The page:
Average performance of seek operations of the magnetic heads

  • smart.power_on_hours

    Count of hours in power-on state, shows total count of hours (or minutes, or seconds) in power-on state. (vendor specific)

  • smart.spin_retry_count

    Count of retry of spin start attempts

  • smart.recalibration_retries

    The count that recalibration was requested (under the condition that the first attempt was unsuccessful)

  • smart.power_cycle_count

    The count of full hard disk power on/off cycles

  • smart.soft_read_error_rate

    Uncorrected read errors reported to the operating system

  • smart.program_fail_count_chip

    Total number of Flash program operation failures since the drive was deployed

  • smart.erase_fail_count_chip

    "Pre-Fail" Attribute

  • smart.wear_leveling_count

    The maximum number of erase operations performed on a single flash memory block

  • smart.used_rsvd_blk_cnt_chip

    The number of a chip’s used reserved blocks

  • smart.used_rsvd_blk_cnt_tot

    "Pre-Fail" Attribute (at least HP devices)

  • smart.unused_rsvd_blk_cnt_tot

    "Pre-Fail" Attribute (at least Samsung devices)

  • smart.program_fail_cnt_total

    Total number of Flash program operation failures since the drive was deployed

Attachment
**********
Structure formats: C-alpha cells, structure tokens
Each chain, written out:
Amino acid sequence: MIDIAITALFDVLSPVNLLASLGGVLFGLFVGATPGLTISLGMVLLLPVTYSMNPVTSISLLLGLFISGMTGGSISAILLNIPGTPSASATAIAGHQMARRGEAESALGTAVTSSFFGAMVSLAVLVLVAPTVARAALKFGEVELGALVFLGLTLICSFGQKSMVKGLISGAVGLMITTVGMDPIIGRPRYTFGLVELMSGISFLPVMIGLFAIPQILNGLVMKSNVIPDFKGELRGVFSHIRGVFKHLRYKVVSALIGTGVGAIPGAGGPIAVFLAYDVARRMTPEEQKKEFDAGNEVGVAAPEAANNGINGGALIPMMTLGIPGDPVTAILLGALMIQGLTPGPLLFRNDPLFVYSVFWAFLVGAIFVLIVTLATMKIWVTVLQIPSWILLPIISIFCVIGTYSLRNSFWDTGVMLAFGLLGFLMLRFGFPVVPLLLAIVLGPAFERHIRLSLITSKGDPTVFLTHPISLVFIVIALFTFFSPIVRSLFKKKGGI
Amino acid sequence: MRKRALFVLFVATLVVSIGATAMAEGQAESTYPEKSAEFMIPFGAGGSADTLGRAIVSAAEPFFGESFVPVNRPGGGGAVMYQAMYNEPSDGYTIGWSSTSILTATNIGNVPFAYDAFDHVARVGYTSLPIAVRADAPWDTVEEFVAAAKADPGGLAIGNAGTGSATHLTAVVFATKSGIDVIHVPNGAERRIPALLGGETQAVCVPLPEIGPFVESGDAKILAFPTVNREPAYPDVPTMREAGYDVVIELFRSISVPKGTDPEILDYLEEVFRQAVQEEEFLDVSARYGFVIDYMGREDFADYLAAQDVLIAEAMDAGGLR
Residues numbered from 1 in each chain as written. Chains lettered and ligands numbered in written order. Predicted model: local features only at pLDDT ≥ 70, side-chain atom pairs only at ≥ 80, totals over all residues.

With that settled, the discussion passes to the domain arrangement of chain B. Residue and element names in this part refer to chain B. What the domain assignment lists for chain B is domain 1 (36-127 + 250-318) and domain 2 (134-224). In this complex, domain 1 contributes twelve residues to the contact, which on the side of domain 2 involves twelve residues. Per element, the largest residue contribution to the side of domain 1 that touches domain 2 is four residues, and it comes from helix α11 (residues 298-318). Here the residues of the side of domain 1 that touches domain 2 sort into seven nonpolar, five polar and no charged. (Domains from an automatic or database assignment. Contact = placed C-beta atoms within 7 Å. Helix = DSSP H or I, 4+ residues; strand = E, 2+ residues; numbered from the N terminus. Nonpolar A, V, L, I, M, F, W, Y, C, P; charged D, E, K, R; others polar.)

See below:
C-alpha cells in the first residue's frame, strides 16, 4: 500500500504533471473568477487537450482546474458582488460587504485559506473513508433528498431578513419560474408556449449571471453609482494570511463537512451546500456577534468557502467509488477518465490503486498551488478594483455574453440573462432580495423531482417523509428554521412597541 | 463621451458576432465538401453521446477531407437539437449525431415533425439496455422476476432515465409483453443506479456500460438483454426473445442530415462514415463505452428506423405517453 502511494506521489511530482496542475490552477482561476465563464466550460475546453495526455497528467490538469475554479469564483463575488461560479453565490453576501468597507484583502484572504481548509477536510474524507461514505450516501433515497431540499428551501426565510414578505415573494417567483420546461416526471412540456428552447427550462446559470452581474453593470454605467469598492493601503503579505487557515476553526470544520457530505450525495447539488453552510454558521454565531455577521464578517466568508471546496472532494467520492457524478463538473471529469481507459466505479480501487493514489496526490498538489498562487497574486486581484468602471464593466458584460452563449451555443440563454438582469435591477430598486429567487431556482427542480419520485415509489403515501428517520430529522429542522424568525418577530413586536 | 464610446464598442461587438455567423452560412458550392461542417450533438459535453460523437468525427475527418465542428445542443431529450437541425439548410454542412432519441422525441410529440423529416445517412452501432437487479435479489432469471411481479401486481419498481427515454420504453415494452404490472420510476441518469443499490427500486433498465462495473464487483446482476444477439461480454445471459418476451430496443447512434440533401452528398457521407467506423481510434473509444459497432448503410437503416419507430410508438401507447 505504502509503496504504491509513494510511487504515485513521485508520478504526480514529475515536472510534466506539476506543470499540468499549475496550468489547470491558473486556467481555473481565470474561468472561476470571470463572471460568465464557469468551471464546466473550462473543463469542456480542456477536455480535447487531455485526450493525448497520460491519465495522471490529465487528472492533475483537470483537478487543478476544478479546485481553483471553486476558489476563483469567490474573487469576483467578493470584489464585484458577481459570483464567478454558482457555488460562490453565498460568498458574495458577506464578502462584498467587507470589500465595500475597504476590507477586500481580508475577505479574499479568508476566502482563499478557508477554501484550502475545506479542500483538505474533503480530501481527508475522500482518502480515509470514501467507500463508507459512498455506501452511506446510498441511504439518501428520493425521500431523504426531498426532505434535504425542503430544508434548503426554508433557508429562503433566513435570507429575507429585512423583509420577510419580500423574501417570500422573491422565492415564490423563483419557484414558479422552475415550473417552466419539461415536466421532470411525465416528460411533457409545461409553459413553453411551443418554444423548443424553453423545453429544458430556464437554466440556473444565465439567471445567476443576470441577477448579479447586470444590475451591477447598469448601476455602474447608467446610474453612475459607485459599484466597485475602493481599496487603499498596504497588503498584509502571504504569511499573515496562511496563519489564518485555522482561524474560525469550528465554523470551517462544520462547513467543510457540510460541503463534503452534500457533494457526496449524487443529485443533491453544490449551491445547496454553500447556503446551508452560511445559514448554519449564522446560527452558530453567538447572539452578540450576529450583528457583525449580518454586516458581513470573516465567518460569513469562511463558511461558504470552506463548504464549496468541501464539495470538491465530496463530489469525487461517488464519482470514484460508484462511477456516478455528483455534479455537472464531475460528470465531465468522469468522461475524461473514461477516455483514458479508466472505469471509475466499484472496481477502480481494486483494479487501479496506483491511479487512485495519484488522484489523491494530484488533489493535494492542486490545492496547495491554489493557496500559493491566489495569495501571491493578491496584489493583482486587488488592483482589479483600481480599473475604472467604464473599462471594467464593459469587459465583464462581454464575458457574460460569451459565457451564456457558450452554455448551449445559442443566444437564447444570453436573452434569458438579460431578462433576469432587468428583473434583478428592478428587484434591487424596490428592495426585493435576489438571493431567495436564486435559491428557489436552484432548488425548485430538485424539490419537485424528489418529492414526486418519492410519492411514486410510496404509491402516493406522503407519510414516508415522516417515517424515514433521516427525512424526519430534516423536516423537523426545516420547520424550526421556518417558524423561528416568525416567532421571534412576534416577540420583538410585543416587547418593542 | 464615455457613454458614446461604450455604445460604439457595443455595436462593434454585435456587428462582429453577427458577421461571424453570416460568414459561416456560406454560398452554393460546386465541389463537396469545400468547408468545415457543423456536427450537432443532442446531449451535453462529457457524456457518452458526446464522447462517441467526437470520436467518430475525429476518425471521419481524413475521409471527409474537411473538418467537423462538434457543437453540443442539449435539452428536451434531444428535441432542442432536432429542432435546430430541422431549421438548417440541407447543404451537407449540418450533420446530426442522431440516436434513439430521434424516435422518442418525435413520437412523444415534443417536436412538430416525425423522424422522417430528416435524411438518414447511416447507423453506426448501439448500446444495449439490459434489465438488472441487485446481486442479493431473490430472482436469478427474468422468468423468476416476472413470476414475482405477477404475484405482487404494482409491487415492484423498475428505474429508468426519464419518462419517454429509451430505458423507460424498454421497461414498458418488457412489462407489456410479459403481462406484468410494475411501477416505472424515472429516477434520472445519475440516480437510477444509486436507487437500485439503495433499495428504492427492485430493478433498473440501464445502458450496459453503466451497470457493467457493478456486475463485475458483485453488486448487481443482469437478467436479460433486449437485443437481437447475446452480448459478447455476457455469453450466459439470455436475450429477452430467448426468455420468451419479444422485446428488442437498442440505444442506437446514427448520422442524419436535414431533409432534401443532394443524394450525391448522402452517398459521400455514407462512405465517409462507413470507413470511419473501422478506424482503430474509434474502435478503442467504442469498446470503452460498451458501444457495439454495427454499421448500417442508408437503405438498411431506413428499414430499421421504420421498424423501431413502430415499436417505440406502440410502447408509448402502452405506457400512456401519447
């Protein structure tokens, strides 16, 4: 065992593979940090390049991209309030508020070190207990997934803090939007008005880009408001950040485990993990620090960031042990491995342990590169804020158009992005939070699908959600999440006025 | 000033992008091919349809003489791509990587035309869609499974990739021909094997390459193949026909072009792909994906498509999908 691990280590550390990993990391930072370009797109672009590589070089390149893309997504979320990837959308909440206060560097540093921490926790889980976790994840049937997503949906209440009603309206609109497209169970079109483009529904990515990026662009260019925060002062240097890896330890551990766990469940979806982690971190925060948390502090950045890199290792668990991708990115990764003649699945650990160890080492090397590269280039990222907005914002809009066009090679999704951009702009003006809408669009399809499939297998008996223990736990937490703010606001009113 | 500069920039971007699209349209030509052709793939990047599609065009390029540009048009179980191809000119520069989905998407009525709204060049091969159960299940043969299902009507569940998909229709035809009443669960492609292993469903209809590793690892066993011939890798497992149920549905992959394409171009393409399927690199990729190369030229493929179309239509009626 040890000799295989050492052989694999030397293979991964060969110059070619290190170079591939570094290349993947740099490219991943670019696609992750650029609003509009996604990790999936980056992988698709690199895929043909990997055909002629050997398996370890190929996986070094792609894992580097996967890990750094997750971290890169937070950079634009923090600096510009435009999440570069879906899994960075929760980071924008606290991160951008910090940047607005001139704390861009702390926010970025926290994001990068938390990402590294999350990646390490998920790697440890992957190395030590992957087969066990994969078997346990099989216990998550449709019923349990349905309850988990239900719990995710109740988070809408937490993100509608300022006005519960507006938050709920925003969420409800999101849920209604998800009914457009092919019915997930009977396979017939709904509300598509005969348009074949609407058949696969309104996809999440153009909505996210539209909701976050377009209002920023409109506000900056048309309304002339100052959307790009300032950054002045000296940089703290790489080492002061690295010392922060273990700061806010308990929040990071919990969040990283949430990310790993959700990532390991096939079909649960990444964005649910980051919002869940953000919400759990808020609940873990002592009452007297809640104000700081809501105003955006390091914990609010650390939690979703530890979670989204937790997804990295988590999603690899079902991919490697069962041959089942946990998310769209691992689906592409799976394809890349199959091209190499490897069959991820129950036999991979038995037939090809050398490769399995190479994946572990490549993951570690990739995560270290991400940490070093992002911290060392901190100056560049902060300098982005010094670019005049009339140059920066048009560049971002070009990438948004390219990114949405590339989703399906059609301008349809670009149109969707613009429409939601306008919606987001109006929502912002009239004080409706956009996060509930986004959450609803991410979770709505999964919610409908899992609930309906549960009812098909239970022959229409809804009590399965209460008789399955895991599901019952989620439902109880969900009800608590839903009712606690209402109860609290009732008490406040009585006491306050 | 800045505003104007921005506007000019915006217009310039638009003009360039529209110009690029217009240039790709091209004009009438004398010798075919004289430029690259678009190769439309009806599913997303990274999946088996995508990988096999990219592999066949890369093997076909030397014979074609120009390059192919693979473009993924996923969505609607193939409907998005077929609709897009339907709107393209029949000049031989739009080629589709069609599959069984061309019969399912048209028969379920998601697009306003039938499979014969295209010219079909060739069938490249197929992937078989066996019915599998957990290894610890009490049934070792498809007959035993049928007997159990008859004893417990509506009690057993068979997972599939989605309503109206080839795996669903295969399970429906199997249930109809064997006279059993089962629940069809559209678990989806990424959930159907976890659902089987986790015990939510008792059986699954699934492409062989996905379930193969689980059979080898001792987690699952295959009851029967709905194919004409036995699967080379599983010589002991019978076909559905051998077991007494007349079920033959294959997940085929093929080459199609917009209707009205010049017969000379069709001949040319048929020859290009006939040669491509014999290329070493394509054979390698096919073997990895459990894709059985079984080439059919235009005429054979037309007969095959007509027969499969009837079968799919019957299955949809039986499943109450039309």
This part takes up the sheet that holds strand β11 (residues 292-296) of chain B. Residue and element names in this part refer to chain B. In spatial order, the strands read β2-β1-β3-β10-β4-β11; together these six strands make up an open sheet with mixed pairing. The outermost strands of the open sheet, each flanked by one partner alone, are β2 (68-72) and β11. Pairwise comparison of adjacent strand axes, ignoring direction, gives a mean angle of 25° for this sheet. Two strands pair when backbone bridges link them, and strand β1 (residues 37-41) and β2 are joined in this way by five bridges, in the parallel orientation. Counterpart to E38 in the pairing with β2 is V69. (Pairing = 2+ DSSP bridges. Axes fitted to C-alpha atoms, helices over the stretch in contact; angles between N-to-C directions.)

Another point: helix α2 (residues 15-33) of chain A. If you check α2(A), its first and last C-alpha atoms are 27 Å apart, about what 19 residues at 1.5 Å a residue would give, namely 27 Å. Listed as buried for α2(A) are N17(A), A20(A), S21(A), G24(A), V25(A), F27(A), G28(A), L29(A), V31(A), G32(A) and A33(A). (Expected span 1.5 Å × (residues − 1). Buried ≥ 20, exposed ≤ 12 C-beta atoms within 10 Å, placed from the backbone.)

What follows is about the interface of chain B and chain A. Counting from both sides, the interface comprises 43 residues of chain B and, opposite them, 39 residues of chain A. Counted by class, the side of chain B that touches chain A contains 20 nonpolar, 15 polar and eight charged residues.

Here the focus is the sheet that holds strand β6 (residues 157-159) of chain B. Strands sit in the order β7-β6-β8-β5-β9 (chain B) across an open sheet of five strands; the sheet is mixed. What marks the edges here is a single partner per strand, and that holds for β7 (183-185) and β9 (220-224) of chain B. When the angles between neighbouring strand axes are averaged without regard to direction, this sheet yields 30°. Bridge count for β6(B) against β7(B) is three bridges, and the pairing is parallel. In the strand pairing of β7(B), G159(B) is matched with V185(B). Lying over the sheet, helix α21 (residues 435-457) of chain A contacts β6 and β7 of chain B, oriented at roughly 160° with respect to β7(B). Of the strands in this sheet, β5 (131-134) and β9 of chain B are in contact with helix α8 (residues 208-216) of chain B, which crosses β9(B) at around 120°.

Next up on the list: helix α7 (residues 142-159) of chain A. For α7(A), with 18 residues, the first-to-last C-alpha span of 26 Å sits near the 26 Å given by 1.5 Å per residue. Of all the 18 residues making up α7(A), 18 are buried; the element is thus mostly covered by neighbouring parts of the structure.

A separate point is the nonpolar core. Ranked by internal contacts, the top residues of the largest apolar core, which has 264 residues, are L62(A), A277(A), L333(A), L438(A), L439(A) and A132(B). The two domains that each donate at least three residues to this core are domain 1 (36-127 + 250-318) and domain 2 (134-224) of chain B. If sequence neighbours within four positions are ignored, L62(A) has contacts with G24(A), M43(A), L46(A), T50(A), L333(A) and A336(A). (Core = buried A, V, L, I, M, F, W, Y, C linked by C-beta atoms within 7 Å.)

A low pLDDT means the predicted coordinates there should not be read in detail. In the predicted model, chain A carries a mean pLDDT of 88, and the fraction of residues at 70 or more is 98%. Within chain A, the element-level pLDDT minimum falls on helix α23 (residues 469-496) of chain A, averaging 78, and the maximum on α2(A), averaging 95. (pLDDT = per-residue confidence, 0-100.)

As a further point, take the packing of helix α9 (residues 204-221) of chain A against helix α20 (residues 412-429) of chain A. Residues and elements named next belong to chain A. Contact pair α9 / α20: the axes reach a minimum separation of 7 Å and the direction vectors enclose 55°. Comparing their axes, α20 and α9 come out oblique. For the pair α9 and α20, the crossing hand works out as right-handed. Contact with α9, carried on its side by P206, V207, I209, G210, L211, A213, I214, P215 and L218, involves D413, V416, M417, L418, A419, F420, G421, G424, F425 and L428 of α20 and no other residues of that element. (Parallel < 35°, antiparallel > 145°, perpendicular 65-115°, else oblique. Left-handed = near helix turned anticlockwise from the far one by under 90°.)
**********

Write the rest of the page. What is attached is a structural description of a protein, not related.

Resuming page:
• smart.erase_fail_count_total

    "Pre-Fail" Attribute

  • smart.runtime_bad_block

    The total count of all read/program/erase failures

  • smart.end_to_end_error

    The count of parity errors which occur in the data path to the media via the drive's cache RAM (at least Hewlett-Packard)

  • smart.reported_uncorrect

    The count of errors that could not be recovered using hardware ECC

  • smart.command_timeout

    The count of aborted operations due to HDD timeout

  • smart.high_fly_writes

    HDD producers implement a Fly Height Monitor that attempts to provide additional protections for write operations by detecting when a recording head is flying outside its normal operating range. If an unsafe fly height condition is encountered, the write process is stopped, and the information is rewritten or reallocated to a safe region of the hard drive. This attribute indicates the count of these errors detected over the lifetime of the drive

  • smart.airflow_temperature_celsius

    Airflow temperature

  • smart.g_sense_error_rate

    The count of errors resulting from externally induced shock & vibration

  • smart.power-off_retract_count

    The count of times the heads are loaded off the media

  • smart.load_cycle_count

    Count of load/unload cycles into head landing zone position

  • smart.temperature_celsius

    Current internal temperature

  • smart.hardware_ecc_recovered

    The count of errors that were recovered using hardware ECC

  • smart.reallocated_event_count

    Count of remap operations. The raw value of this attribute shows the total count of attempts to transfer data from reallocated sectors to a spare area

  • smart.current_pending_sector

    Count of "unstable" sectors (waiting to be remapped, because of unrecoverable read errors)

  • smart.offline_uncorrectable

    The total count of uncorrectable errors when reading/writing a sector

  • smart.udma_crc_error_count

    The count of errors in data transfer via the interface cable as determined by ICRC (Interface Cyclic Redundancy Check)

  • smart.write_error_rate

    The total count of errors when writing a sector

  • smart.media_wearout_indicator